Spelman told In Fact Daily that the task force will have at least one more meeting in September to comment on individual commissions. He said, “The only thing that is really at issue here is the objective of each of the commissions.” When the city’s Law Department rewrote the City Code into plain English, the purpose for some of the commissions changed in ways that several commission chairs do not like. So, now a lawyer must go back and reinstate in the previous language, he added.

Council rejects I-35 zoning change Request at odds with neighborhood plan, staff, commission recommendation

A developer’s quest to build medical offices across I-35 from Brackenridge Hospital has been scuttled by the Austin City Council. The requested zoning change from MF-4-NP (multi-family) to GR-MU-CO-NP (retail/office) for the land on E. 14th Street was rejected by unanimous vote. Both the Planning Commission and city staff had recommended against the change. Efforts to resolve differences between the property owner and the neighborhood through mediation were unsuccessful.

The vacant lot sits on top of a hill at 807 and 809 E. 14th Street. Property owner Robert Hageman told Council members that the existing MF-4 zoning, while supported by the neighborhood, was not practical. “It’s been MF-4 for about 70 years. It’s been vacant for almost 30 years,” he said. While neighborhood residents point to the proximity of UT and Brackenridge Hospital as factors that would make the site attractive to new residents, Hageman said the presence of I- 35 made residential construction impossible. “The sound level on that lot, not even at its worst, is 77 decibels. Bars are shut down at 85 decibels. This is extremely loud. The only time it’s not loud is when IH-35 comes to a standstill.” The closeness to the hospital, he argued, made the site ideal for medical office space for specialists practicing at Brackenridge.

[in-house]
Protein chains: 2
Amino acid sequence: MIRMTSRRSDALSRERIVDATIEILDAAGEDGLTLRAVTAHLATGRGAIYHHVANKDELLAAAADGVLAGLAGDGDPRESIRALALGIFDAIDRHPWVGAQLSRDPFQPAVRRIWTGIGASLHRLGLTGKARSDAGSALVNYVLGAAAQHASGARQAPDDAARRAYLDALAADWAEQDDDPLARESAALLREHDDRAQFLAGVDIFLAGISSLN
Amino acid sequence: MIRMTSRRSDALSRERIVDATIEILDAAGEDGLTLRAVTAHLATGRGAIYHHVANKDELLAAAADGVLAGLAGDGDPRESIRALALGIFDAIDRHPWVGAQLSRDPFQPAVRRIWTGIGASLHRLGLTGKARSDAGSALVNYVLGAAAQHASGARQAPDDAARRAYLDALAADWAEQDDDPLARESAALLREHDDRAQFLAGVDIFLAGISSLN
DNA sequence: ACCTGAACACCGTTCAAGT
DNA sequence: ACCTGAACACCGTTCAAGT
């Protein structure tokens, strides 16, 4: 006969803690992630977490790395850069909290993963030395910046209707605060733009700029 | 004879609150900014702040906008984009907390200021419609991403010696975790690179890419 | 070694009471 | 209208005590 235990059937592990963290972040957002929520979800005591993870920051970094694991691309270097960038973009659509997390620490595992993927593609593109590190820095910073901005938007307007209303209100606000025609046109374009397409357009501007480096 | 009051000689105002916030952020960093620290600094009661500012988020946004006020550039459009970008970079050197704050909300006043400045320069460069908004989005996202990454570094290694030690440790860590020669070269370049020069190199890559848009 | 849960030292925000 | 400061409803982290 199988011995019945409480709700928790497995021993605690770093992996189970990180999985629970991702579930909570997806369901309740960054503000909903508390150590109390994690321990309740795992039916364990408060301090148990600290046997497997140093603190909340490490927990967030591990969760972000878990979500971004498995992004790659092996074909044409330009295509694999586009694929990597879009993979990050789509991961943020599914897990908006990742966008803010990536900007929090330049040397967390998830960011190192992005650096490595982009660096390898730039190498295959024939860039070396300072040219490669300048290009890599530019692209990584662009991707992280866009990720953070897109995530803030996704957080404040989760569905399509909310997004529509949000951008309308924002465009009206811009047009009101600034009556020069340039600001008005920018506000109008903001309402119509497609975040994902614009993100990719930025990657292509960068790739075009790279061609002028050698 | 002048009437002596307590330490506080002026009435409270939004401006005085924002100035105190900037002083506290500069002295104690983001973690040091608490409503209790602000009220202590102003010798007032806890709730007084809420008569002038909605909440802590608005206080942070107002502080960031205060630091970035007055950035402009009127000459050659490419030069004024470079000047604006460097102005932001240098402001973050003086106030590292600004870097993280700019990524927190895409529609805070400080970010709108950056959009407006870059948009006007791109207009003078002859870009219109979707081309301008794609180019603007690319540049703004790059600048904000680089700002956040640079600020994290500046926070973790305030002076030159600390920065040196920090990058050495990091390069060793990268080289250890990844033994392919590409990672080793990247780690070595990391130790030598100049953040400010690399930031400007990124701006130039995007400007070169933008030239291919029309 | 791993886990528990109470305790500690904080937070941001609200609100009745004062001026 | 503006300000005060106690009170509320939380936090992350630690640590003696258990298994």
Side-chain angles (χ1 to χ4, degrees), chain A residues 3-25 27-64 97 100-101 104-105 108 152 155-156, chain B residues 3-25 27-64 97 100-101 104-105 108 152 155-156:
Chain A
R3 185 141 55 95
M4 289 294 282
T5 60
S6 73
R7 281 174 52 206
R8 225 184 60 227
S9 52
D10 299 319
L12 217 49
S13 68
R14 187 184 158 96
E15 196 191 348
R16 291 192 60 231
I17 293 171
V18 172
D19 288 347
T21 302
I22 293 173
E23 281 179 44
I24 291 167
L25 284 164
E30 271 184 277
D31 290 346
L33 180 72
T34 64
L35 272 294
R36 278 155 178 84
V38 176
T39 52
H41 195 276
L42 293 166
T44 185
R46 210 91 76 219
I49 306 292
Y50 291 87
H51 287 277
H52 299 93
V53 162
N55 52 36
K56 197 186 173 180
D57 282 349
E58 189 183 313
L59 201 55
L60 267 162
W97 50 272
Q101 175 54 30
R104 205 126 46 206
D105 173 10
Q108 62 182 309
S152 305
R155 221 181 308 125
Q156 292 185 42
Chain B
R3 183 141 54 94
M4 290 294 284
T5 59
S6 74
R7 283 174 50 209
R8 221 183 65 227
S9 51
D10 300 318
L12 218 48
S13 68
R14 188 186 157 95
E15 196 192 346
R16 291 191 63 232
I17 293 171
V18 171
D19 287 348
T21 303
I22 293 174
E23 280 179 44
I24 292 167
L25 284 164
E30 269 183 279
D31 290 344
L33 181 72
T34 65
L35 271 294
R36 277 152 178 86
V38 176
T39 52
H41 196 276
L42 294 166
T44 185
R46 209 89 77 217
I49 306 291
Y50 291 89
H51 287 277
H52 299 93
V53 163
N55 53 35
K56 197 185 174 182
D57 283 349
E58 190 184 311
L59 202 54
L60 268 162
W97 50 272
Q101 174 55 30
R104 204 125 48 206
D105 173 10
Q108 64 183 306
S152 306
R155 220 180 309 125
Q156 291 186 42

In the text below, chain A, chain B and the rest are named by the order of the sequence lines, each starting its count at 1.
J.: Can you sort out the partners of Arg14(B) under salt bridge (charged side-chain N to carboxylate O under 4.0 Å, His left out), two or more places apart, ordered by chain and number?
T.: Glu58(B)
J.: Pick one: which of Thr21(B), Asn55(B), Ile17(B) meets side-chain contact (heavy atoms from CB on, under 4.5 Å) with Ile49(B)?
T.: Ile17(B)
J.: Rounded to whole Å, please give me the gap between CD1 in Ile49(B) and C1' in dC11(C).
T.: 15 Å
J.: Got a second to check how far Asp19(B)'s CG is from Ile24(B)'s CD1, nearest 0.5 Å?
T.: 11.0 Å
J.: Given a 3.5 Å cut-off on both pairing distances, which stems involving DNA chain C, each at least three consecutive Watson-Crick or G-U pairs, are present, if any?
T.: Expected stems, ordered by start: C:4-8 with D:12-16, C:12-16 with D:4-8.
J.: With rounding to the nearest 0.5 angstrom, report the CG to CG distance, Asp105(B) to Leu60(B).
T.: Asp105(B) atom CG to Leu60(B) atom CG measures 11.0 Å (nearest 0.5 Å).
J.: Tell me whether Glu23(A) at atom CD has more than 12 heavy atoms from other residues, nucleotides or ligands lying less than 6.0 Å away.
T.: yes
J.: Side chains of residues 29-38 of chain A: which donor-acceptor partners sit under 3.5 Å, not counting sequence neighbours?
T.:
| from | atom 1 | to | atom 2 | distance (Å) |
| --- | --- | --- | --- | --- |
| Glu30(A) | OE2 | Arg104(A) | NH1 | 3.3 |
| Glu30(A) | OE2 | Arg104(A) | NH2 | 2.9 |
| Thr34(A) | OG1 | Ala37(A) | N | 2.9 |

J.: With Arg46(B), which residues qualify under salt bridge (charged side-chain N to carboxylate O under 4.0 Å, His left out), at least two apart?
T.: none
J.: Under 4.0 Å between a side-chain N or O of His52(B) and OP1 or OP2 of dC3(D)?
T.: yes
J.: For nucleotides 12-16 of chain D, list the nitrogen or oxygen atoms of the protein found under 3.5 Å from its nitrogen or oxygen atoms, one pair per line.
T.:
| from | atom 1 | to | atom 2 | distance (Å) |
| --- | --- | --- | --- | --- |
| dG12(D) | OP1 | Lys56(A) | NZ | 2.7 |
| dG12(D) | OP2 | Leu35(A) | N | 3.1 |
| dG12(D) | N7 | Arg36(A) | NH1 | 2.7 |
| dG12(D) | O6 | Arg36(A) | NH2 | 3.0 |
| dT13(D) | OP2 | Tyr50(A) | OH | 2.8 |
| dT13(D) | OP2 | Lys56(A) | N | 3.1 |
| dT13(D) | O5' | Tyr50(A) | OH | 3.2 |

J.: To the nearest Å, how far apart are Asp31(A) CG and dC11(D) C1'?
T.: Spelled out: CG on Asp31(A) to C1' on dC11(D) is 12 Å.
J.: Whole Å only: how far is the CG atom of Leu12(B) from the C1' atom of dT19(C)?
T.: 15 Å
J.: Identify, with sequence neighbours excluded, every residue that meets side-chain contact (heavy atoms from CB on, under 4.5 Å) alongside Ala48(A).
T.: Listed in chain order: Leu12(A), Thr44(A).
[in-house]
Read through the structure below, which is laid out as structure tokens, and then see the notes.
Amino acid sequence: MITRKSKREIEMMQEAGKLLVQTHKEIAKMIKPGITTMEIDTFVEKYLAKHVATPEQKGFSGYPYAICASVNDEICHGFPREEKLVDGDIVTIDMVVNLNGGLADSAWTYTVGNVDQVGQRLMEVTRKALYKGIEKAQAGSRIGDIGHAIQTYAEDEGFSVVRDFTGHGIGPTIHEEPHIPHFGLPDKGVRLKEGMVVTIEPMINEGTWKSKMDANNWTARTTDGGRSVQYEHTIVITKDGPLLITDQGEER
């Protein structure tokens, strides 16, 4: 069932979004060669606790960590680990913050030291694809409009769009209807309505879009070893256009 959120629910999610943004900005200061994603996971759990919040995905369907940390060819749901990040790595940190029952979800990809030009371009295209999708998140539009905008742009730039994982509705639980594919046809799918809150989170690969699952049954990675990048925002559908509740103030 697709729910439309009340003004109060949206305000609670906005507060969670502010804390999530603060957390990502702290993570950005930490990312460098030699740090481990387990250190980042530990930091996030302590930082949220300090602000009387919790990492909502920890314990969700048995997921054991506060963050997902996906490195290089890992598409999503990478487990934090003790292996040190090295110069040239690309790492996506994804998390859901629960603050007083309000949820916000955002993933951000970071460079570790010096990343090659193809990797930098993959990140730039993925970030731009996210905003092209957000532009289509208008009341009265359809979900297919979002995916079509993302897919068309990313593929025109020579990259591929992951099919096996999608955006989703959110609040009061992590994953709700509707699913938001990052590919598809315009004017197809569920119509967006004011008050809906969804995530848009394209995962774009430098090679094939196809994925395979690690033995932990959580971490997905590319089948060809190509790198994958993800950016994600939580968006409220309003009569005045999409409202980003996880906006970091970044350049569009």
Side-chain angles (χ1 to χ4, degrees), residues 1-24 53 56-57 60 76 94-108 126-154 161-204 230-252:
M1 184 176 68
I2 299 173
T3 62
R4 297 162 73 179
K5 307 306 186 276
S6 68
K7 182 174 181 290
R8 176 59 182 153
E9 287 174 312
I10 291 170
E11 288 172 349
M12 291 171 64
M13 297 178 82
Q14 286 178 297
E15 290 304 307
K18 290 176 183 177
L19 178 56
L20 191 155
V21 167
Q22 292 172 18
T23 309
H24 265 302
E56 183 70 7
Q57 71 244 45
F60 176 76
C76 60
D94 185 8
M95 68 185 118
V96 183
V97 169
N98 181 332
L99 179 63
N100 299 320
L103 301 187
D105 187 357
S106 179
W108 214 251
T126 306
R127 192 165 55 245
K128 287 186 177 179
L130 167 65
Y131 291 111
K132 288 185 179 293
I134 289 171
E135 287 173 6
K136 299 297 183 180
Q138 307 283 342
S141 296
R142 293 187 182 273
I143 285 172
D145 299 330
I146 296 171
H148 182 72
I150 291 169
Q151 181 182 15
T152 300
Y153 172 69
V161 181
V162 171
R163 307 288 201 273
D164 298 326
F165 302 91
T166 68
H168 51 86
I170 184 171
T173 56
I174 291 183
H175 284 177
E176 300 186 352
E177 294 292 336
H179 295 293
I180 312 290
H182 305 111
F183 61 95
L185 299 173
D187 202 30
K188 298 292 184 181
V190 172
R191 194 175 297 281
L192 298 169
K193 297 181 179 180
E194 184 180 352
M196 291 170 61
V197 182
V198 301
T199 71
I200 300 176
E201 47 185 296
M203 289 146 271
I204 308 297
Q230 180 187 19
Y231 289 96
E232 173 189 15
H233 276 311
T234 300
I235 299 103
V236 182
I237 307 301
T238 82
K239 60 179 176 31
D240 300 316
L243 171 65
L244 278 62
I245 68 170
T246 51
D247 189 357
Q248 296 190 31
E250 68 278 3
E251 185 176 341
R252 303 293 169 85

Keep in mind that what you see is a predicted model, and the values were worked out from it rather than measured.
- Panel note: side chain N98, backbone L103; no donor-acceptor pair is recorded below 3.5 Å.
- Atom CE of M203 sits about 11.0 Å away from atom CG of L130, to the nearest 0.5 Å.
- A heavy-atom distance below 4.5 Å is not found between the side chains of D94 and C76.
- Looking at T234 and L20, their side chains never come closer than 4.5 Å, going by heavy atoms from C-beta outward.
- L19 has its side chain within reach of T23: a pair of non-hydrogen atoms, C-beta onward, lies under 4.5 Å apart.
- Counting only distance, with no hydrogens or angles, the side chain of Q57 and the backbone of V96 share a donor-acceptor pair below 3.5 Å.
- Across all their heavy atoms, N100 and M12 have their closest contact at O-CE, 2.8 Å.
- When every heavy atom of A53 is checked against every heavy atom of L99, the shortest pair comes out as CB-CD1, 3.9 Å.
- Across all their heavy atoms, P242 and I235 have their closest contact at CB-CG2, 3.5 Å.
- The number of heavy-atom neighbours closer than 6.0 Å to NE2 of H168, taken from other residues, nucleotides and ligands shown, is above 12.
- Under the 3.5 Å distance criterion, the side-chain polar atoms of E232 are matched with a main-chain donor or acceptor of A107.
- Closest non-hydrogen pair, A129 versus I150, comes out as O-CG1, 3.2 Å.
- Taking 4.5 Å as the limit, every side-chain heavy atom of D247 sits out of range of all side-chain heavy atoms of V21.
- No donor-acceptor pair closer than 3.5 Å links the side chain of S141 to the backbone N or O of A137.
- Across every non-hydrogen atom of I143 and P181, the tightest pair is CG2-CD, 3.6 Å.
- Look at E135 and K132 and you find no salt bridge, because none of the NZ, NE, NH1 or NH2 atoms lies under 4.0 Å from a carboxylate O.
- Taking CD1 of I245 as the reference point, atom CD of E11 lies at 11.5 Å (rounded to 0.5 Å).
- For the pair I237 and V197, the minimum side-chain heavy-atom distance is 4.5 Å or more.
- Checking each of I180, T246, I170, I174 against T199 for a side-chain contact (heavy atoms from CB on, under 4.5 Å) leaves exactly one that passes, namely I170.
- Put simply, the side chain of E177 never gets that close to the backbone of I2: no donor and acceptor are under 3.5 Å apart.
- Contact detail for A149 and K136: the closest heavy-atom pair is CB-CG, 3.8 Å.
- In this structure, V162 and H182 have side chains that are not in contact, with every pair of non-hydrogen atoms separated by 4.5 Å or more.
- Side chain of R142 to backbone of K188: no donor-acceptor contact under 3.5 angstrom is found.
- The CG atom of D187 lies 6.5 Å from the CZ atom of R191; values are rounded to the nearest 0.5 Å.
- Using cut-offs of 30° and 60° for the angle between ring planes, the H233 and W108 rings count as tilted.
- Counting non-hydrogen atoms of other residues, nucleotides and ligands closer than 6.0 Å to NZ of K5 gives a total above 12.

Neighbors told Council members they would prefer high-density residential to any commercial or office use for the site. “There’s a long established community consensus that we need more quality, quantity, diversity and affordability of housing options here in central East Austin,” said Mike Clark-Madison. “There’s community consensus for an MF-4 density here, or perhaps even higher if that’s what it takes. The market need for density is obvious. We’re four blocks south and east of UT. Four blocks north and west of UT you have super-duplexes. You have the Villas on Guadalupe. You have this stampede of high-density housing. We’re being told here that it’s not viable. We don’t understand why.”